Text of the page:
LISBON (Reuters) - The Eurovision song contest kicked into high gear on Tuesday in Lisbon with tens of thousands of music fans further boosting the record tourist numbers in the city, where pop star Madonna fixed her residence last year.
After a week of rehearsals, contestants from 19 countries will take to the stage of the 20,000-capacity Altice Arena on Tuesday in the first night of the semi-finals of the show watched by an estimated more than 200 million people around the world.
It will be broadcast simultaneously on giant screens on the city’s main Commerce Square overlooking the Tagus river, where music lovers can party for free with live shows throughout the event until the May 12 finals.
The Portuguese Hotel and Restaurants Association said hotel bookings had jumped 40 percent in Eurovision week and expected the event publicity to lure more foreigners. Reservations on the online lodging marketplace Airbnb soared over 80 percent from the same week of last year to 54,000.
Portugal as a whole, and Lisbon in particular, have enjoyed a tourism boom over the past few years with arrivals spiking 12 percent to a new record last year, contributing to the once-bailed out country’s strongest economic growth since 2000.
Dozens of new hotels and hundreds of apartments for temporary accommodation open every year, while a new cruise ship terminal unveiled in late 2017 doubled the number of arrivals by sea in the first quarter of this year from a year earlier.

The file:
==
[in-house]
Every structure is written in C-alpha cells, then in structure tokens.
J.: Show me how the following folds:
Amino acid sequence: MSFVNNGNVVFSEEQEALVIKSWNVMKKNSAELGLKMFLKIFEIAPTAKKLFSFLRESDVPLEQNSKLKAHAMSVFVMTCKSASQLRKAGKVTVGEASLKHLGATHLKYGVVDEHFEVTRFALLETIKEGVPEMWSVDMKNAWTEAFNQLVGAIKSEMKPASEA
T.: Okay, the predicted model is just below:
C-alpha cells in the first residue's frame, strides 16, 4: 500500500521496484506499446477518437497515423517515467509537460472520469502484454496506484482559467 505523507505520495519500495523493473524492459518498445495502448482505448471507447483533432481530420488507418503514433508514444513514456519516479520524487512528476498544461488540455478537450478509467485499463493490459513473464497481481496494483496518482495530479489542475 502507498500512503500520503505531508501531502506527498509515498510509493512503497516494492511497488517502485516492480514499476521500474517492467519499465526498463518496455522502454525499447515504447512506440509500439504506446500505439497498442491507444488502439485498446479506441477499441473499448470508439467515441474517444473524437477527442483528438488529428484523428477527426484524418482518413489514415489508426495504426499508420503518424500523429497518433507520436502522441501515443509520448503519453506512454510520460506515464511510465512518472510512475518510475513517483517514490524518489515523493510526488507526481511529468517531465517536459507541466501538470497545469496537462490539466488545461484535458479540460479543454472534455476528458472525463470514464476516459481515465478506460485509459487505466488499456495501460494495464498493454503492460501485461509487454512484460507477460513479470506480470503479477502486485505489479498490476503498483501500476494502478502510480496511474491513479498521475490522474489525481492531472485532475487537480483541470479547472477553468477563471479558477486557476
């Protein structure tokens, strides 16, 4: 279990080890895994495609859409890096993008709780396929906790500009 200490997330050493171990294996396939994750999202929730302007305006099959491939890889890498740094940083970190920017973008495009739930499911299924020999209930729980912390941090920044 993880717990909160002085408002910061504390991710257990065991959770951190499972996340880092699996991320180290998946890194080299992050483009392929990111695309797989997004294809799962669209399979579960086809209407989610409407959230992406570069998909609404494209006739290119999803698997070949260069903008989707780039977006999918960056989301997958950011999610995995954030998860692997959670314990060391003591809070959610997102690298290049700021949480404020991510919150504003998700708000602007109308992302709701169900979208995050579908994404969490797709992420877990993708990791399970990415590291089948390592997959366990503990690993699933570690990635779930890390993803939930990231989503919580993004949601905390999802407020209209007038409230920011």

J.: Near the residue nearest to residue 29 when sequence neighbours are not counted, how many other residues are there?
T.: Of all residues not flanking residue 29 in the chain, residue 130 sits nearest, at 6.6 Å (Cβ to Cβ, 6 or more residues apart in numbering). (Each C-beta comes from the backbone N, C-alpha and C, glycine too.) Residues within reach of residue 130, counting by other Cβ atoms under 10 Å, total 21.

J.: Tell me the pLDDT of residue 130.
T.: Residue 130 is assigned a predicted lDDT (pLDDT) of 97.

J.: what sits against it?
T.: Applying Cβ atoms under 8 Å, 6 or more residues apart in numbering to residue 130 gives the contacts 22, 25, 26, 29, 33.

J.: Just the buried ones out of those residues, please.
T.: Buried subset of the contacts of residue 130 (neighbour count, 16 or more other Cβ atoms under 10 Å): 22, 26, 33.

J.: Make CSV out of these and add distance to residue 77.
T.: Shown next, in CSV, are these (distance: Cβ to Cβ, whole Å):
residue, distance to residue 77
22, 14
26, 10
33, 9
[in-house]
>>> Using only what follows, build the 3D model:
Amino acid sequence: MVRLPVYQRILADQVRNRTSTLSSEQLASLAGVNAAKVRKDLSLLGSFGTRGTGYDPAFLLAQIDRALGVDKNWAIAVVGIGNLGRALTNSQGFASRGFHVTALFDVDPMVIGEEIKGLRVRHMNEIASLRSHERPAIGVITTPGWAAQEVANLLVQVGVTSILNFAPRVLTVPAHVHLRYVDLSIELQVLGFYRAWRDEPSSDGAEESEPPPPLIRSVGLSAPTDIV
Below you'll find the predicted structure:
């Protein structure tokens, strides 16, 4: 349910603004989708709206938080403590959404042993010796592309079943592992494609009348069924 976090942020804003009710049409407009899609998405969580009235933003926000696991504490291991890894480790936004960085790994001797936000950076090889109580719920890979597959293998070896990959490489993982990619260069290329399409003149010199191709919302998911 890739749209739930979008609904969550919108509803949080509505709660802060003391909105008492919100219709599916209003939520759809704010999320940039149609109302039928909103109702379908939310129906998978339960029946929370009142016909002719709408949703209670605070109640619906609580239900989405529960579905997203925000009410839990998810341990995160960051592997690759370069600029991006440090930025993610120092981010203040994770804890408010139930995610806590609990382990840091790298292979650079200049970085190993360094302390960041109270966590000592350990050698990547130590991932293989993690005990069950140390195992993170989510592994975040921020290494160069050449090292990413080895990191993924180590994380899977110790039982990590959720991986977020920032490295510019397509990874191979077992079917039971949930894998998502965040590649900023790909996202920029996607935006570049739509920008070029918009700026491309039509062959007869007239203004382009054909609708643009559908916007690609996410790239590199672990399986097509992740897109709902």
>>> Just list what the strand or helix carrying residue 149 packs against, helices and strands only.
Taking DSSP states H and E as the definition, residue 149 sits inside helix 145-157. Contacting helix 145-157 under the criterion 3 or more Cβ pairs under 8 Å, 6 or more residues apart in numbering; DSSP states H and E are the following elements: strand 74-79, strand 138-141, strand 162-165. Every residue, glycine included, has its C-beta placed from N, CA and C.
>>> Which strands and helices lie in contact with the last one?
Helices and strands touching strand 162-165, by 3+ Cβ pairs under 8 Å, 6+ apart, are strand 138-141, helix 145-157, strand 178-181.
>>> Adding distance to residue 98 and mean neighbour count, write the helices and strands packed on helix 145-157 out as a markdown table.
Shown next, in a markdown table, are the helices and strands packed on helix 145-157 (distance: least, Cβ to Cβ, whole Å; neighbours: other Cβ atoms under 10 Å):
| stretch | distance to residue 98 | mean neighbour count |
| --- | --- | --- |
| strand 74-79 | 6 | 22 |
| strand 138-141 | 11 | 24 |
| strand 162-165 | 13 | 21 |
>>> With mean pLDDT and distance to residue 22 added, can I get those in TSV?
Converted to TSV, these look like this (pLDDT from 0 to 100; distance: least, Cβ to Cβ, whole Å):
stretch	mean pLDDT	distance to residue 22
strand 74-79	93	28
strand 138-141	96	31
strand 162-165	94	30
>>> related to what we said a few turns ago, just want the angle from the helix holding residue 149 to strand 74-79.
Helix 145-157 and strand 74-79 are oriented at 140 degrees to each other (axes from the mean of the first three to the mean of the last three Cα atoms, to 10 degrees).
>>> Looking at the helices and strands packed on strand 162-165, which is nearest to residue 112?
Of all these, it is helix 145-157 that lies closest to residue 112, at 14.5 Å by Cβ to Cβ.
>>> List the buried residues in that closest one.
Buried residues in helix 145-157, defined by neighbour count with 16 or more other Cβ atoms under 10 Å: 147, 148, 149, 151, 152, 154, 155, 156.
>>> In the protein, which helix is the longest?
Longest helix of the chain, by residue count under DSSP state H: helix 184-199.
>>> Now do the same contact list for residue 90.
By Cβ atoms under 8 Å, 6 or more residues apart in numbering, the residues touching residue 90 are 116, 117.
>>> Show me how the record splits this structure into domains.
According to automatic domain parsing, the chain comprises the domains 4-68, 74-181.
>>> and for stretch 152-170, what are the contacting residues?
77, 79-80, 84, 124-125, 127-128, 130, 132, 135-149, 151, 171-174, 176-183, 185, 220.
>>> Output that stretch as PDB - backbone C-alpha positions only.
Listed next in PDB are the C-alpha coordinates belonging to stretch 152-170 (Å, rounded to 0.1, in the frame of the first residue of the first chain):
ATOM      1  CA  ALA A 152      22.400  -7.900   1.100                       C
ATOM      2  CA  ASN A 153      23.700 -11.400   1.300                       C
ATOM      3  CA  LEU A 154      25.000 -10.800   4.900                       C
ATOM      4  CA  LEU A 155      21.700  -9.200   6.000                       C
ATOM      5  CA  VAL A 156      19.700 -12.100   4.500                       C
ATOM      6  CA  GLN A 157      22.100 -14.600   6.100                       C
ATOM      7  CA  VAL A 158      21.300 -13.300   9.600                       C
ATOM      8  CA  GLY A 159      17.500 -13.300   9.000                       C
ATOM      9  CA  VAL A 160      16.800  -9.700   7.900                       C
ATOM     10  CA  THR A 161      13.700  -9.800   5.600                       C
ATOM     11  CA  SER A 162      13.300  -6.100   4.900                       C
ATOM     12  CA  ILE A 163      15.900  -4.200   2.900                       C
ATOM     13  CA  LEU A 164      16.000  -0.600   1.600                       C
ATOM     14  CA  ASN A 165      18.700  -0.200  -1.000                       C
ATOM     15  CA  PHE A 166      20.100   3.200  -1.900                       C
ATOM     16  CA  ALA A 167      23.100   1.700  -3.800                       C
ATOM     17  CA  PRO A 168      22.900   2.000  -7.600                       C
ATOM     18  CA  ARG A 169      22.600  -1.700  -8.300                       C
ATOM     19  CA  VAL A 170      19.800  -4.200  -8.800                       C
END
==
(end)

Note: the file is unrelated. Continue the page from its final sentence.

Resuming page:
Pop star Madonna was last year among a growing number of foreign residents in Portugal, among them movie stars like Monica Belucci and Michael Fassbender.
It is the first time Lisbon has hosted a Eurovision contest after Portugal’s Salvador Sobral won last year’s contest in Ukraine’s capital Kiev.
This year’s favorites include Cypriot singer Eleni Foureira with a fiery song “Fuego” and Israel’s Netta Barzilai singing “I’m Not Your Toy”, a fast-paced dance mix with a women’s empowerment twist.
The event also marks the return of Russia after it boycotted the contest last year amid tensions with Ukraine following Moscow’s annexation of Ukraine’s Crimea in 2014. It will be represented by Julia Samoylova who was unable to take part in 2017, singing “I Won’t Break”.
Reporting By Andrei Khalip; Editing by Axel Bugge and Janet Lawrence
Our Standards: The Thomson Reuters Trust Principles.